In another bout of warped reality, she puts the Central Committee (the leadership of China) as constantly subject to the (anti-western) passions of the military, the Congress, students and the Chinese people in general. All these passions aren't at all about internal problems mind you, but about the anger the Chinese feel at the imperialist capitalist countries and their past and present mistreatments of China.
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4 of 4 people found the following review helpful By Rens Lee on August 2, 2007
Format: Hardcover
Few fields of academic endeavor are as determinedly pc as the study of communist China. China academics and intelligence analysts over the years have strived with some success to portray the communist regime in a more benign light than probably is warranted.

Fortunately Susan Shirk''s book--the best work yet to appear on contemporary China-- provides a balanced and thoughtful perspective on the contradictory impulses driving Chinese leadership behavior.As Shirk ably documents, pressures of rapid economic transformatiion, fraying political controls and rabid nationalist sentiment pose difficult challenges for the regime, increasing the potential for conflict with the United States. Shirk pleads for a U.S. China policy based on a better understanding of these constraints, both to lower the risk of war and to improve prospects of Sino-U,S, collaboration on issues of global concern.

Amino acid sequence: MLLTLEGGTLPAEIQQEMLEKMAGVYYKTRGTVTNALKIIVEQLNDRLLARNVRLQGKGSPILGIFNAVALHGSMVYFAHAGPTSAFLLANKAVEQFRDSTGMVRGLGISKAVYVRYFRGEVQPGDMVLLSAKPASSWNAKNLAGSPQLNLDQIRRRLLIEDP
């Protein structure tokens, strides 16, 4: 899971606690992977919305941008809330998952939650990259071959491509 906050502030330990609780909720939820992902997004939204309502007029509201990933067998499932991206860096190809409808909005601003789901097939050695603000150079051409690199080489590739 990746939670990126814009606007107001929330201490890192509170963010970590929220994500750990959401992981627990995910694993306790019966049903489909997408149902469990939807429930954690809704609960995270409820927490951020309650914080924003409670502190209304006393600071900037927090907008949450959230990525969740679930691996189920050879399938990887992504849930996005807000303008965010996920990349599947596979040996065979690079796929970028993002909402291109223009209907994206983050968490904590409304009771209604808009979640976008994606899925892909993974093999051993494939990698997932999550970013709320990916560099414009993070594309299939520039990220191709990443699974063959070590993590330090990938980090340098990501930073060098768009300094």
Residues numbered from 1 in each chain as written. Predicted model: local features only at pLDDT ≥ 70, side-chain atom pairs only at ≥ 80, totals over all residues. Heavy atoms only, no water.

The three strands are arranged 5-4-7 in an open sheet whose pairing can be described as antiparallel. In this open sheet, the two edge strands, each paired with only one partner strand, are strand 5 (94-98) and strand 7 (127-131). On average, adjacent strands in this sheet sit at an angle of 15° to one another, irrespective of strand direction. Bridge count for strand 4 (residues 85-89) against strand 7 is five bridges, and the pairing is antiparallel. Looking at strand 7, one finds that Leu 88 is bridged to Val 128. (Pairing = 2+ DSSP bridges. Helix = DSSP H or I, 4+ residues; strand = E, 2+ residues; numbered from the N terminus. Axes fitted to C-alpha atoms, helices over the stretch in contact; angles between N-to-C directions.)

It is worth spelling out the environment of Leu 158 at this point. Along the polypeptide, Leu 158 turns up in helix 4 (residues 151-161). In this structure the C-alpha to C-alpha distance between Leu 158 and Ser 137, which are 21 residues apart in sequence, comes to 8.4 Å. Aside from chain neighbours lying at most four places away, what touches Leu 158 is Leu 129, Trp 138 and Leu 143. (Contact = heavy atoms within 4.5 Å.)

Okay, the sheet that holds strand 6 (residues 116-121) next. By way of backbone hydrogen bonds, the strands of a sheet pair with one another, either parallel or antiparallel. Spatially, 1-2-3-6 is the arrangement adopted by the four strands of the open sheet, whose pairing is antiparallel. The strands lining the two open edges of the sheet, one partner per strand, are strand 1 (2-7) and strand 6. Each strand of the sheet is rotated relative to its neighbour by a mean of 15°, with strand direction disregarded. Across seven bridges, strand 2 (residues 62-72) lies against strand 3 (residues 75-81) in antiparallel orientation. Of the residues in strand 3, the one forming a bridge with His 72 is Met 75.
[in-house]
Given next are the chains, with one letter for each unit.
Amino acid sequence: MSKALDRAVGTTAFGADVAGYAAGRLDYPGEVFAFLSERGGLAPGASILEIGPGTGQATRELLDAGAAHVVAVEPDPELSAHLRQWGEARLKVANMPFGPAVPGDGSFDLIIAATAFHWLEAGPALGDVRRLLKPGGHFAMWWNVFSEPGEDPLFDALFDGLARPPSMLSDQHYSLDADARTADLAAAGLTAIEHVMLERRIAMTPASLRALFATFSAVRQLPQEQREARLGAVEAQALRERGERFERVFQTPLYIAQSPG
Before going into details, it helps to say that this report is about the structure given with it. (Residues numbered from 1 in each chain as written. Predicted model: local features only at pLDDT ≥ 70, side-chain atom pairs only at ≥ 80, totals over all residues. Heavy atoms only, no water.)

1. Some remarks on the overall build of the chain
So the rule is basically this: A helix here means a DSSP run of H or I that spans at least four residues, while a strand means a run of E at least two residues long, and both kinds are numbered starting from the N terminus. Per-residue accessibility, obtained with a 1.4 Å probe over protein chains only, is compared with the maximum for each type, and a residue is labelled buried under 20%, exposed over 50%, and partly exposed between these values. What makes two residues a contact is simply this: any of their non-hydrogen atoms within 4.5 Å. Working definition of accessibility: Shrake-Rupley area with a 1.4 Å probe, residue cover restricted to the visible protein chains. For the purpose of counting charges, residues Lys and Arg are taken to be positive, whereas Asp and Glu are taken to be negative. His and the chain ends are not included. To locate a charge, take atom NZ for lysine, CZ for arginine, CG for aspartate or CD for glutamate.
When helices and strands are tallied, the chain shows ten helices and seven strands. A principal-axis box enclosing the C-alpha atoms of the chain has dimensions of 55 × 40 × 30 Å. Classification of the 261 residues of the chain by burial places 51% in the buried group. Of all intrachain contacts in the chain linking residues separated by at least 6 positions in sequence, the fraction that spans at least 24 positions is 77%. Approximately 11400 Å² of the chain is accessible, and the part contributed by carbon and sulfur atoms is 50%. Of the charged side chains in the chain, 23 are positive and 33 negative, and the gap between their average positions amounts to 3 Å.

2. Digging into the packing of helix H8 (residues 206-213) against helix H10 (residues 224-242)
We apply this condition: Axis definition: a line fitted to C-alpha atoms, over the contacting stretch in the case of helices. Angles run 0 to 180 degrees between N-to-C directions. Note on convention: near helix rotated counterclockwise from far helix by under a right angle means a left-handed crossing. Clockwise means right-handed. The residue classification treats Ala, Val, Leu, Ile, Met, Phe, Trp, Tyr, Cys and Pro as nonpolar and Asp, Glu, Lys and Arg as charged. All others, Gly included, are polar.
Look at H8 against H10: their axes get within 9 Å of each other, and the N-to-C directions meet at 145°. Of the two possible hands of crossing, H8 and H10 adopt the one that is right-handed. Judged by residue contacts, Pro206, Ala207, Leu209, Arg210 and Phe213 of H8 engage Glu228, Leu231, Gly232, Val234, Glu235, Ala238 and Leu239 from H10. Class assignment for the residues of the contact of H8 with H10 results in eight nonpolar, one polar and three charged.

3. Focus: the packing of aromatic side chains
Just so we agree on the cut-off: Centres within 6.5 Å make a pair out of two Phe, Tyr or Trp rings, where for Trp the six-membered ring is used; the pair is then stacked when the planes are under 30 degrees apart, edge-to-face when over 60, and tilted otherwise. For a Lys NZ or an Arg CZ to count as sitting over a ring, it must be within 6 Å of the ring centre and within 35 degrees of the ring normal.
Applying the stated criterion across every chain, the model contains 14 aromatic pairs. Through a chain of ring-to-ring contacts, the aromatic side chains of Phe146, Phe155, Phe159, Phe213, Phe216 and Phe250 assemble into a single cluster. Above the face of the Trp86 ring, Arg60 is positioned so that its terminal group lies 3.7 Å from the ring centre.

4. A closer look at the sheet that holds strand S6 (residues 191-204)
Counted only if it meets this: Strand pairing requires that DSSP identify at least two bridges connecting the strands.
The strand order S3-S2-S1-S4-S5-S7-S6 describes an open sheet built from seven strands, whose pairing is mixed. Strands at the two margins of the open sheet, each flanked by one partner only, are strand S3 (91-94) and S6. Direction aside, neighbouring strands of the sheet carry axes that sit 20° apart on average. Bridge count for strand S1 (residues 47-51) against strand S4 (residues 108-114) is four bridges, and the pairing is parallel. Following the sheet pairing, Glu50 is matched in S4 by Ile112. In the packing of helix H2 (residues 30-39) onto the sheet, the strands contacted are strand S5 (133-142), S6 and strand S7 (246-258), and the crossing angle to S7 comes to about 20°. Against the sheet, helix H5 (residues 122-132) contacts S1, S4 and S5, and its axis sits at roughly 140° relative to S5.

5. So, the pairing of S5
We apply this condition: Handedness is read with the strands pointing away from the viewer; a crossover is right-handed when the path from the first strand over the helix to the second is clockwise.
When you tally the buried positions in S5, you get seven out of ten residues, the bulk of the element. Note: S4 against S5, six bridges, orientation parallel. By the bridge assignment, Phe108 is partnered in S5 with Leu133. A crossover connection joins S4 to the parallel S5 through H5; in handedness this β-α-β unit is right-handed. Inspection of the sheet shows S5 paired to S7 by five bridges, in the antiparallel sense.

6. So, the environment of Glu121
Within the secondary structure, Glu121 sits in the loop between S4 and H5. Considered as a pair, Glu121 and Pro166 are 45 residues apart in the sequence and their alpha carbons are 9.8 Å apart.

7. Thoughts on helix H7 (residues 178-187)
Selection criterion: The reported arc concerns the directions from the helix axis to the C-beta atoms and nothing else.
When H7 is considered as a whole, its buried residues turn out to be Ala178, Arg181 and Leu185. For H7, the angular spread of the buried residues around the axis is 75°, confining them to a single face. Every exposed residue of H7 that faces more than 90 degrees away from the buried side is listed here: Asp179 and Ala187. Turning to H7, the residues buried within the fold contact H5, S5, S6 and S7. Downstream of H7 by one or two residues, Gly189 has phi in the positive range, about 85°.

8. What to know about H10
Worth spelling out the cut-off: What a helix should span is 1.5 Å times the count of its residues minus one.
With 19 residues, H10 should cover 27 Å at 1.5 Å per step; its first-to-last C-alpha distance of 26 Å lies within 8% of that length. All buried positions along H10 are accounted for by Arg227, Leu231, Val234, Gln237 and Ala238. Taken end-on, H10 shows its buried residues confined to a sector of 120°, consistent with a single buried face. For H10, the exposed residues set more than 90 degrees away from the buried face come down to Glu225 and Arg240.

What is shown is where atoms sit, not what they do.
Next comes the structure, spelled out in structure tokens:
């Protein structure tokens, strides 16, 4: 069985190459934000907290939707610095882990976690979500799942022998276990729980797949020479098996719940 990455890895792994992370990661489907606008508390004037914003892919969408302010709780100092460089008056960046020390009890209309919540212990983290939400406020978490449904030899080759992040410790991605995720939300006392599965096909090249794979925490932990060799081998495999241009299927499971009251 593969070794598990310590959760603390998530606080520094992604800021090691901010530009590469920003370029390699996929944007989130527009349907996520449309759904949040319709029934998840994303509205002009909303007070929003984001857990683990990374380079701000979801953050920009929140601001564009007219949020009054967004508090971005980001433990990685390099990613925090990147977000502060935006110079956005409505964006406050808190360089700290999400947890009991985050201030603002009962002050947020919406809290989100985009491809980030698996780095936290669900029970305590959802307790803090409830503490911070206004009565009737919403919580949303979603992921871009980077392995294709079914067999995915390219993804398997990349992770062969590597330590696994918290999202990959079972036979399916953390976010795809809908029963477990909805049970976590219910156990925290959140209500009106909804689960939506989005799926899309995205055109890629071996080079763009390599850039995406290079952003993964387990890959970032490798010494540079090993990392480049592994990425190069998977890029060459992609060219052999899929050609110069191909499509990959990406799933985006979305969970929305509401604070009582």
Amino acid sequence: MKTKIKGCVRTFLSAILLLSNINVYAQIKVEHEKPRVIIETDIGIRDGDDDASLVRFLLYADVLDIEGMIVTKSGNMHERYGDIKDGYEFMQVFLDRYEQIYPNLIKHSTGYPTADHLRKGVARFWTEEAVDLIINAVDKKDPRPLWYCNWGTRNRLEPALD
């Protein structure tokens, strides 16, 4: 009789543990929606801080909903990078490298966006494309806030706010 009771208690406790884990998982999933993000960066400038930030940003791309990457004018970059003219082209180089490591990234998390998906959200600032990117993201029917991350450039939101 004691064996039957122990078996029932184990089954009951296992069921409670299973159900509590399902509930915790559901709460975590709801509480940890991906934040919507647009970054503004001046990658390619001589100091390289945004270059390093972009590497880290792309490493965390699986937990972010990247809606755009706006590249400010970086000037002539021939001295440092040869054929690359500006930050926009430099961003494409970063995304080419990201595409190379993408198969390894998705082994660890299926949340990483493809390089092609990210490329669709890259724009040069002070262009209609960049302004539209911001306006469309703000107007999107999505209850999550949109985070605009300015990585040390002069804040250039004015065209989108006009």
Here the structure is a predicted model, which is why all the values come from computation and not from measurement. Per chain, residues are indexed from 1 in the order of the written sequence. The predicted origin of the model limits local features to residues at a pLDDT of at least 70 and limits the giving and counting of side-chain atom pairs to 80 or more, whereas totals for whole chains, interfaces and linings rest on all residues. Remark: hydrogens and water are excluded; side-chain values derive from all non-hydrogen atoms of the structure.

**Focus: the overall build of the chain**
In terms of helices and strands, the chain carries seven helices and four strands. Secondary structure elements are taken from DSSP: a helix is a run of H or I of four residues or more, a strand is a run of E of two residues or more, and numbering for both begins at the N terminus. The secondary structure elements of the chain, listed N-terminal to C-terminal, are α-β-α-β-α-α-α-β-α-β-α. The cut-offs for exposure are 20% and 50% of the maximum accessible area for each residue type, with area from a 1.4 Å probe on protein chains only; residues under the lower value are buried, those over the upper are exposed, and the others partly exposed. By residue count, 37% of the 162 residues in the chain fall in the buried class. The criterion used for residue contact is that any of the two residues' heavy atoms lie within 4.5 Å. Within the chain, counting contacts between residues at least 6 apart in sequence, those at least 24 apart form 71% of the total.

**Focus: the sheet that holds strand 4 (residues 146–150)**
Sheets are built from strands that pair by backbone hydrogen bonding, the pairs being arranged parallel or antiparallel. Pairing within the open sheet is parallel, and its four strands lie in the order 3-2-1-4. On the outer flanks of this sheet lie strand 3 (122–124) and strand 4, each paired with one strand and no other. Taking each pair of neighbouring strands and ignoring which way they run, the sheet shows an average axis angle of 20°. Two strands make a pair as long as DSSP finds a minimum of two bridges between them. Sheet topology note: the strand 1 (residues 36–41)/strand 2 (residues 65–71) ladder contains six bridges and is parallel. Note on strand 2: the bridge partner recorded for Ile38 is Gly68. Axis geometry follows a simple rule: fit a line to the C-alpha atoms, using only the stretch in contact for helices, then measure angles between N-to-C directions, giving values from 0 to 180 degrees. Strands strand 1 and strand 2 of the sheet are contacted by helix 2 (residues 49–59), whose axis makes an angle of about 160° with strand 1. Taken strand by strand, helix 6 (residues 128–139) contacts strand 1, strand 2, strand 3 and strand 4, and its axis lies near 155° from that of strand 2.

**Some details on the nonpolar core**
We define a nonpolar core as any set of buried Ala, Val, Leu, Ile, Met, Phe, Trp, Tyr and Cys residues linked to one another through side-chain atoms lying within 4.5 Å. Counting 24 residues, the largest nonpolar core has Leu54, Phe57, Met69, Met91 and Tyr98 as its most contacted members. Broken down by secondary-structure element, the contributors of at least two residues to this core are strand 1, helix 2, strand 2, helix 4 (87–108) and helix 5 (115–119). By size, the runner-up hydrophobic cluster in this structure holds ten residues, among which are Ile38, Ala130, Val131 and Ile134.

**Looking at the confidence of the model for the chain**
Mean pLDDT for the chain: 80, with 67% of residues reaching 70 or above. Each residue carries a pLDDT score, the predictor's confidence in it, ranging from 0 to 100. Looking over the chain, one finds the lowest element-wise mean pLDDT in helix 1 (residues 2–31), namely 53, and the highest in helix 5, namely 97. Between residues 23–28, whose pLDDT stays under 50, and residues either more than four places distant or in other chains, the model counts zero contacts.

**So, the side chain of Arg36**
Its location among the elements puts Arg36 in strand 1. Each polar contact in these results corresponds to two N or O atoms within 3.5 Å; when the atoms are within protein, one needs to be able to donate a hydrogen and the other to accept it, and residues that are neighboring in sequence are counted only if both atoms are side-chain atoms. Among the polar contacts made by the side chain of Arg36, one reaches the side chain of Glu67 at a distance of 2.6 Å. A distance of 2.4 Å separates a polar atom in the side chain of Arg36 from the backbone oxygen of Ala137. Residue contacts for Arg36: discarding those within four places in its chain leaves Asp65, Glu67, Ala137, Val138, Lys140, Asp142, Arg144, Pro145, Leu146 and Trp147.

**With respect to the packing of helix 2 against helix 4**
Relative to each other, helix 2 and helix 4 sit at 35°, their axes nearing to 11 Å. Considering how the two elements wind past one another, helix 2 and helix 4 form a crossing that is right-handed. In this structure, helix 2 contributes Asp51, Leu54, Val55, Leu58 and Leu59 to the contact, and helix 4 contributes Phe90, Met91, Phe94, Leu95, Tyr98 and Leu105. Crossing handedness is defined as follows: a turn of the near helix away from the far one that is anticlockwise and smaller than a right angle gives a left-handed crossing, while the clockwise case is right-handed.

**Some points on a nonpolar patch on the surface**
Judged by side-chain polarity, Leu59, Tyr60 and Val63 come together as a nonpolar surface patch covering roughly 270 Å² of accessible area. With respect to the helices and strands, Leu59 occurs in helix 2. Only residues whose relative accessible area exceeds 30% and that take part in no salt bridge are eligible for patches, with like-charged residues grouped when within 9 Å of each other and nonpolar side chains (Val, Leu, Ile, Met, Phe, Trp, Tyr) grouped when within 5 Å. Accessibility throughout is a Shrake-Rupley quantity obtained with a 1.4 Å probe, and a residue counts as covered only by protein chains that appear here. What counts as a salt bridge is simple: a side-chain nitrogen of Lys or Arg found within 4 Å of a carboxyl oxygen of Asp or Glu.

This is a perfectly good argument as far as it goes and is relevant not just to China. Russia --economically emergent and increasingly nationalistic-- represents a comparable problem for U.S. policy.The U.S. penchant for Russia-bashing needlessly provokes Russian leaders and publics, heightening East-West tensions and clouding the outlook for peace and security in Europe.

Perfect understanding, of course is not a sure-fire recipe for conflict- avoidance. Washington can "lavish respect on China's leaders" (in the author's words) but there is a host of contentious issues on which it must pursue its own priorities: trade imbalances, contaminated food exports, software piracy, China's military build-up, Taiwan security, massive Chinese espionage operations in the United States, human rights violations and more.